Emi Eu, Project Director of SEA Focus and Executive Director of STPI

“As a platform and champion of contemporary Southeast Asian art, we always aim to introduce new discoveries across all mediums and we cannot ignore the rise of NFTs. We look forward to seeing what awaits us in a world where change is the only constant.

George Galanakis, award-winning crypto artist and founder of CAWA sees Tezos NFTs: The New North Star as an opportunity to spotlight creative talent across Asia and in the blockchain space. “These artists have achieved notoriety in a notoriously competitive space – a testament not only to their individual abilities, but also to the growing recognition of talent in this region,” he explains.

With established art institutions like Singapore Art Week and Art Basel validating the new digital asset class, NFTs are poised to spark growing interest in this part of the world. David Tng, head of growth at TZ APAC, is among many insiders with this view.

David Tng of TZ APAC

“The fact that our team was able to host a showcase at some of the world’s most prestigious art events is a testament to the growing legitimacy of NFT art.

Beyond that, the market demand is undeniable – according to a survey by Art Basel and UBS, millennial collectors drive demand for digital artworks, are most likely to spend more US$1 million for art and also has the greatest collections of any generation. Market trends also look promising for NFT creators: the younger the generation of collectors, like Gen Z, the bigger their collection of digital art. »

Eu echoed this sentiment: “I would like to think that technology assists and augments creativity rather than replacing it, especially in Asia where we are early adopters of new technologies. It’s interesting how NFTs appeal to a wider audience that doesn’t necessarily resonate with traditional art formats.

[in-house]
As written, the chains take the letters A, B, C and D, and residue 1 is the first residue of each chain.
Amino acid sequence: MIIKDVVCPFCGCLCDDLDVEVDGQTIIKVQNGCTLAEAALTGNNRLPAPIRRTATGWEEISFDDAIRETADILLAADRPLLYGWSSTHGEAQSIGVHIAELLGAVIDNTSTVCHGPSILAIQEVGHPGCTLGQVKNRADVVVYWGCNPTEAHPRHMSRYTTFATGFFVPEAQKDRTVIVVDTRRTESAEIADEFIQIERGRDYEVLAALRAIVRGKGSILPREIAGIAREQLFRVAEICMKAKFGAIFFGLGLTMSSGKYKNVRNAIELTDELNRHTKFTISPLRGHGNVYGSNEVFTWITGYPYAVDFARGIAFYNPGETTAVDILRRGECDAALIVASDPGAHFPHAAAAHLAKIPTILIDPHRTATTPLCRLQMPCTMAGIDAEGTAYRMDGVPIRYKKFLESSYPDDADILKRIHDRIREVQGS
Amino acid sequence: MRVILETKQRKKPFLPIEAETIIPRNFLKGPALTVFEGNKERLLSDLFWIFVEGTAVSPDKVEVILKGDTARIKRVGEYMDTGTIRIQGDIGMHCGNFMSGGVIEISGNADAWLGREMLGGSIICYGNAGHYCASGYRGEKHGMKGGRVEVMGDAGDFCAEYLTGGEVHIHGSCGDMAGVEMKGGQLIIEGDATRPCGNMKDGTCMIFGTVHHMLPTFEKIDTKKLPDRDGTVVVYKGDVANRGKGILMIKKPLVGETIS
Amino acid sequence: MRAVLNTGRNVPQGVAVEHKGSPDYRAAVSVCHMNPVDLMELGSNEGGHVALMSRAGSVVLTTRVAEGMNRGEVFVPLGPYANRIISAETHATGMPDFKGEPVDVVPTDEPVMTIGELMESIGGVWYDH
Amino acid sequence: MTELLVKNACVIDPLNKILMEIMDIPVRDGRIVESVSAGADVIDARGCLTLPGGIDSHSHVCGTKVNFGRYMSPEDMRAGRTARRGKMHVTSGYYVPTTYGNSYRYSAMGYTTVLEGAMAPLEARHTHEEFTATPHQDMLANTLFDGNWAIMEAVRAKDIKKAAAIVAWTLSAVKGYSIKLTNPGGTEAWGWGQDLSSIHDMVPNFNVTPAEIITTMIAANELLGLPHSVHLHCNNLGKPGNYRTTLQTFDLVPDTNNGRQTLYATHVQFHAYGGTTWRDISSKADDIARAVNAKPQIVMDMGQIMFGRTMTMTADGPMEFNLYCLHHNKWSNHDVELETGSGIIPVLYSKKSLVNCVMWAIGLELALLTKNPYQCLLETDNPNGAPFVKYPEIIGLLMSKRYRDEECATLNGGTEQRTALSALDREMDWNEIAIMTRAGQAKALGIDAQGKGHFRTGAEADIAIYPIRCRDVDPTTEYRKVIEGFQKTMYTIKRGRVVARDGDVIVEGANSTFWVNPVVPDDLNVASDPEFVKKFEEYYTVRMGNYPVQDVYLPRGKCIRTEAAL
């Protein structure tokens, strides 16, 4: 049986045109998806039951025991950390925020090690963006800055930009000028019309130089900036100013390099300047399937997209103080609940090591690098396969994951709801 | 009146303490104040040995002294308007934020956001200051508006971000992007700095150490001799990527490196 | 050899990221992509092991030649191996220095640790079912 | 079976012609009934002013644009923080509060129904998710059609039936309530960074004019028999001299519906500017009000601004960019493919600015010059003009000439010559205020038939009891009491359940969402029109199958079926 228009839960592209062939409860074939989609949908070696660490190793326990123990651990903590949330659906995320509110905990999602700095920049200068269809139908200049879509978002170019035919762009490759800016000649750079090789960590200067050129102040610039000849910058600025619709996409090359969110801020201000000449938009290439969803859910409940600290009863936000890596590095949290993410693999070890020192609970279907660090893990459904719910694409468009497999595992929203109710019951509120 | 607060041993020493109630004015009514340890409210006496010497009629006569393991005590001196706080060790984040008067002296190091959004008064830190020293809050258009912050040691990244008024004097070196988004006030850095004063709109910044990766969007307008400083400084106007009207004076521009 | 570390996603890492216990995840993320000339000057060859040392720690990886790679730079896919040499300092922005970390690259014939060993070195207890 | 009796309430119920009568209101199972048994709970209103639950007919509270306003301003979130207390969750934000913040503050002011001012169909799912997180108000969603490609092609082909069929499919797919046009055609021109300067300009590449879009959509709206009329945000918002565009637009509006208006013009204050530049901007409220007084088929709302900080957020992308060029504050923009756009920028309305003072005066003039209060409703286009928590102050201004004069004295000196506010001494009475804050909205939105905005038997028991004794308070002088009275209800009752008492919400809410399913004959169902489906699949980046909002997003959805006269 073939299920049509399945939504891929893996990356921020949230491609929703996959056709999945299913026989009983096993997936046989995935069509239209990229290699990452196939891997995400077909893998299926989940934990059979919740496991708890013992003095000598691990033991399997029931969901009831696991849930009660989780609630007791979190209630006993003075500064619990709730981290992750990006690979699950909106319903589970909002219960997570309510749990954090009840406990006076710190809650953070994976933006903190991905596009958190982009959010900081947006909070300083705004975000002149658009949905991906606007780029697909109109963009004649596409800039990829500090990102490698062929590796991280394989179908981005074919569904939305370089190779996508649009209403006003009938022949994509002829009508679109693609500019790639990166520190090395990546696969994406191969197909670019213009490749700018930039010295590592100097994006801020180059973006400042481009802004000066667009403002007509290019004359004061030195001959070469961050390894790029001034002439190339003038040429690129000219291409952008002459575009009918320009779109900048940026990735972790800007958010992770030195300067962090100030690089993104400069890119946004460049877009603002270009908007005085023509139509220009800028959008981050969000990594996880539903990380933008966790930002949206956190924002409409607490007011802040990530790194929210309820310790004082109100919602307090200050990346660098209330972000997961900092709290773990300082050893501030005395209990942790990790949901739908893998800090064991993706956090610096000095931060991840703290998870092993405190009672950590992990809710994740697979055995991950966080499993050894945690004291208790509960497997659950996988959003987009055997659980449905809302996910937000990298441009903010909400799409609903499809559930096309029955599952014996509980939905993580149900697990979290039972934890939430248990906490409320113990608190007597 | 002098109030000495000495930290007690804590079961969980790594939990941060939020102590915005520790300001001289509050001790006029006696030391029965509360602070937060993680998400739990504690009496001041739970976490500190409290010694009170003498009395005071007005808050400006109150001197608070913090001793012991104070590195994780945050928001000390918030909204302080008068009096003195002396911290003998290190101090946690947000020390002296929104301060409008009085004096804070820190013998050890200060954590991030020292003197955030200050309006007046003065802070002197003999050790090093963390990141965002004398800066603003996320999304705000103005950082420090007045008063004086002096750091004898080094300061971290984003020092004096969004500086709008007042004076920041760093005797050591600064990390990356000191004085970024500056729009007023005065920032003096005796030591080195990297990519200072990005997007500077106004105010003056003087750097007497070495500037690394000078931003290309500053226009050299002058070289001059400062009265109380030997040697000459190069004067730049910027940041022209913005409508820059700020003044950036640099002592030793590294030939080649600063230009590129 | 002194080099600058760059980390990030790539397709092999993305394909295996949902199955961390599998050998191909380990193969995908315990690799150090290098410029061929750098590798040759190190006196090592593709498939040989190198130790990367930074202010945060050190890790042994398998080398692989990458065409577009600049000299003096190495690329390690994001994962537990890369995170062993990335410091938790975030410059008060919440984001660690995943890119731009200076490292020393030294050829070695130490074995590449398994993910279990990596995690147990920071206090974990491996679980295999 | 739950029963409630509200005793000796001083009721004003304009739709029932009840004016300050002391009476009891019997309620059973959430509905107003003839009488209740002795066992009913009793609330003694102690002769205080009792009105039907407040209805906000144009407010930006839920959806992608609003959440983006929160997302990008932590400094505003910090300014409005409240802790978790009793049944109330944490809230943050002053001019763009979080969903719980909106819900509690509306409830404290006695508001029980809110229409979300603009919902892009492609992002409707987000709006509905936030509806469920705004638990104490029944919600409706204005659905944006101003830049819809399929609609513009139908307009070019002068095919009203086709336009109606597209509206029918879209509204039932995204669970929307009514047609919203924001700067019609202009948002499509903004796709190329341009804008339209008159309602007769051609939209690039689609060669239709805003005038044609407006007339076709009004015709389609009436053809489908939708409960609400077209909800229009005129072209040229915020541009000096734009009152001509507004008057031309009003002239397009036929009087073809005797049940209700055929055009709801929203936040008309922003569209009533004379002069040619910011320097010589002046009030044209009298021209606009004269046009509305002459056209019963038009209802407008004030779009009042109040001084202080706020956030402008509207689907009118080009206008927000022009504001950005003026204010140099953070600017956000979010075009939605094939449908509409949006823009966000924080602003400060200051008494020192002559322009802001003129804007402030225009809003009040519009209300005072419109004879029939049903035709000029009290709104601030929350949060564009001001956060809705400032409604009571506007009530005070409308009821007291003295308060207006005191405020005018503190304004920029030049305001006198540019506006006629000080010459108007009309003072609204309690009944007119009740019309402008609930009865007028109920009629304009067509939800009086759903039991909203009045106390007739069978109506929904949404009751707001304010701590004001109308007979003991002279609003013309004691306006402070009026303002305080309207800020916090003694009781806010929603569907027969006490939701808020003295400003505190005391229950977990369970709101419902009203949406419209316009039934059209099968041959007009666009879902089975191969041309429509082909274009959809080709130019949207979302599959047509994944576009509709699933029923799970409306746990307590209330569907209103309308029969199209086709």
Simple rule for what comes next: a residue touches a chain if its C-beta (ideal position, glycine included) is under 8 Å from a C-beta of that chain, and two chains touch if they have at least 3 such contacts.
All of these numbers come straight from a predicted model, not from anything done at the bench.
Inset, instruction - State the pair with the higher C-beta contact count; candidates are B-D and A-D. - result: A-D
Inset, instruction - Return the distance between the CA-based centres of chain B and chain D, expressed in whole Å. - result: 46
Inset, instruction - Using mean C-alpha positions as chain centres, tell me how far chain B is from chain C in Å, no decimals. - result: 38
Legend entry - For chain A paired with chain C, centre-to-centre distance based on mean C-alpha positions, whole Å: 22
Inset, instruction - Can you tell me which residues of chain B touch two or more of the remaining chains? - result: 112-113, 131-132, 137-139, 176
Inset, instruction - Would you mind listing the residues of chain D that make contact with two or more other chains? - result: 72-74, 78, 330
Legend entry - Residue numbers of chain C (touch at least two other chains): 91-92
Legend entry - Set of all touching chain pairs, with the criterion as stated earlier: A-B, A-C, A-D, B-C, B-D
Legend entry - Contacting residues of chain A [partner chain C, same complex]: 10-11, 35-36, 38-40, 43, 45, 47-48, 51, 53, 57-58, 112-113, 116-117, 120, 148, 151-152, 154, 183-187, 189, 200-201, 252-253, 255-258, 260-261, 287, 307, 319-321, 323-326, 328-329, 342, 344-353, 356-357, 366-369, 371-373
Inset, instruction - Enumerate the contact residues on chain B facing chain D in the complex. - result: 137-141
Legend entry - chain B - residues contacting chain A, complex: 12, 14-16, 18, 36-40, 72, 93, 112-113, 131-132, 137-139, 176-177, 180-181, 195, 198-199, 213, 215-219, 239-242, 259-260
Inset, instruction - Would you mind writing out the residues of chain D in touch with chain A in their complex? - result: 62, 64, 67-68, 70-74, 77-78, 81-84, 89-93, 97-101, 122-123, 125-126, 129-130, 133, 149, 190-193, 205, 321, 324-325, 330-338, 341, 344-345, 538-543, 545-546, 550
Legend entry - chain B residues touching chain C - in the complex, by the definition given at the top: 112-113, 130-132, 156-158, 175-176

If you have two minds about the NFT landscape, Tng advises to research first, then buy art for art’s sake. “Art is subjective. As a collector in the traditional art world, I would say go with what you like. This means buying a piece that simply catches your eye or resonates deeply with you. Or you can also consider the popularity of the artist; if they have a strong community; how often they submit new works; as well as the activity of their works on the primary and secondary markets.

“Go to Twitter or Instagram and follow the artist, as most artists who hit their works as NFTs are actively engaging and connecting with their community. Remember, when you buy NFT artwork, it’s a powerful way to show your support. It’s a small but meaningful way to show that you appreciate what they put out into the world.

Header Image: Arya Mularama’s Galan’s Hunger hits the Tezos blockchain

This story first appeared in the May 2022 issue of Prestige Singapore.

Leave a Reply

%d bloggers like this: